The public security situation in Guyana has deteriorated drastically since Clement Rohee’s appointment as General Secretary of the People’s Progressive Party (PPP) on 19th August 2013 and his assumption of duties as his party’s elections campaign manager.

Mr. Rohee, when asked by the media at the time about whether he (Rohee) would retain his portfolio as Minister of Home Affairs as well as General Secretary of the PPP, given the demands of the public security sector, responded “that is something that we will obviously have to look at some time down the road.” The entire country is now “down the road” as far as violent crime and police misconduct are concerned.

Mr. Rohee usually seems to have much to say about correcting the list of electors and criticising the Guyana Elections Commission (GECOM) at the PPP’s weekly press conferences as general and regional and local government elections approach. He has a lot less to say, however, about his efforts to correct the daily abuses committed by rogue policemen in the GPF or about the deteriorating security situation which concerns most Guyanese.

Mr. Rohee seems to have put his Party’s elections prospects before human safety and public security. It is no surprise, therefore, that there has been an alarming deterioration in police morale and behaviour and an escalation in the rate of violent crime. Armed robbery, murder, suicide, rape, road and river deaths, piracy and other forms of inter-personal violence are rampant.

The Police Complaints Authority (PCA) at one time was receiving about 364 complaints every year or, on average, one complaint a day, against members of the Guyana Police Force.  The Office of Professional Responsibility (OPR) investigates allegations of misconduct against members of the Force. It is staffed by uniformed policemen who conduct investigations only into such matters as are referred to it by the Commissioner.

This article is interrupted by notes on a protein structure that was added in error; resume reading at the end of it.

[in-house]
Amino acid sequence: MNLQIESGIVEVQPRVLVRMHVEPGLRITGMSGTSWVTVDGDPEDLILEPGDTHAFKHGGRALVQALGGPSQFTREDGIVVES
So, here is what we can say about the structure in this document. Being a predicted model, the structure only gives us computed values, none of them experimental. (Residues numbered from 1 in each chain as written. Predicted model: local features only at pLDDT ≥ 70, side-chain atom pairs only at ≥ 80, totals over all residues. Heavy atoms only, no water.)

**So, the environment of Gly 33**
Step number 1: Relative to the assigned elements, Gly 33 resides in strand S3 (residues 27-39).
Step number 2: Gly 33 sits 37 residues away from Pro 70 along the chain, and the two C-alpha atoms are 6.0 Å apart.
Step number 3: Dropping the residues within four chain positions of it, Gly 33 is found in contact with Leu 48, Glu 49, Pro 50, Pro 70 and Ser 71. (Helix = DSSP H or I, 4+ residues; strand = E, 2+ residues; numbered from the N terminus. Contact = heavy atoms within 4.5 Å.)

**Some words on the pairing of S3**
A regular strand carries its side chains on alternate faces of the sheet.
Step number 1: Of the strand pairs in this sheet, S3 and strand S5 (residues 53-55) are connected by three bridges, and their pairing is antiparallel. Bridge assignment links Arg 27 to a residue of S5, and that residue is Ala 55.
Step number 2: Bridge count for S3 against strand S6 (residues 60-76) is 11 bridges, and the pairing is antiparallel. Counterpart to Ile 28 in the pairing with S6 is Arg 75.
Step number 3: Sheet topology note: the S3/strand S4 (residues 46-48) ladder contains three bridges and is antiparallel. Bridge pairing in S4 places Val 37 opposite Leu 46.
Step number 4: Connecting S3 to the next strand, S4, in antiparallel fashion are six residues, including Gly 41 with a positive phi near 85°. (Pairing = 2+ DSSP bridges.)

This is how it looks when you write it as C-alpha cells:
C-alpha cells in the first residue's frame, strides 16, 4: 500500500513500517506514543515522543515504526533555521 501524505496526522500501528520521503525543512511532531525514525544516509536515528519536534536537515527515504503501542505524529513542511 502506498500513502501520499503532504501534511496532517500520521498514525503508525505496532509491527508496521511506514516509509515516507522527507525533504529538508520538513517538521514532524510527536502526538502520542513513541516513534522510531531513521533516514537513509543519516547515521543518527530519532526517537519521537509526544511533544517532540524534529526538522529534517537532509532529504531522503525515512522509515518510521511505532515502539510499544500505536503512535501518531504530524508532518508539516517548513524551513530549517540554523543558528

Several policemen have had to be charged for criminal behaviour before the civil courts. Others have faced moderate, internal disciplinary sanctions as a result of misdemeanours reported to the PCA and OPR. Complaints of offences range from attempting to pervert the course of justice, illegal possession of arms and ammunition, inflicting grievous bodily harm, larceny, murder, rape and trafficking in persons.

Other complaints against the Police, made particularly to the PCA, have been about policemen acting in a manner likely to bring discredit to a member of the Force; corrupt transactions; illegal searches; lack of civility to a member of the public; neglect of duty unlawful arrest; the use of unnecessary force and, most gravely, unlawful killings.

The Guyana Police Force, for which Rohee has ministerial responsibility, is facing serious challenges. It needs not only to reduce crime in the country but, also, to suppress crime within its ranks.

Mr. Rohee, if he cannot do two jobs – public security and political campaigning – should do one, preferably the latter.

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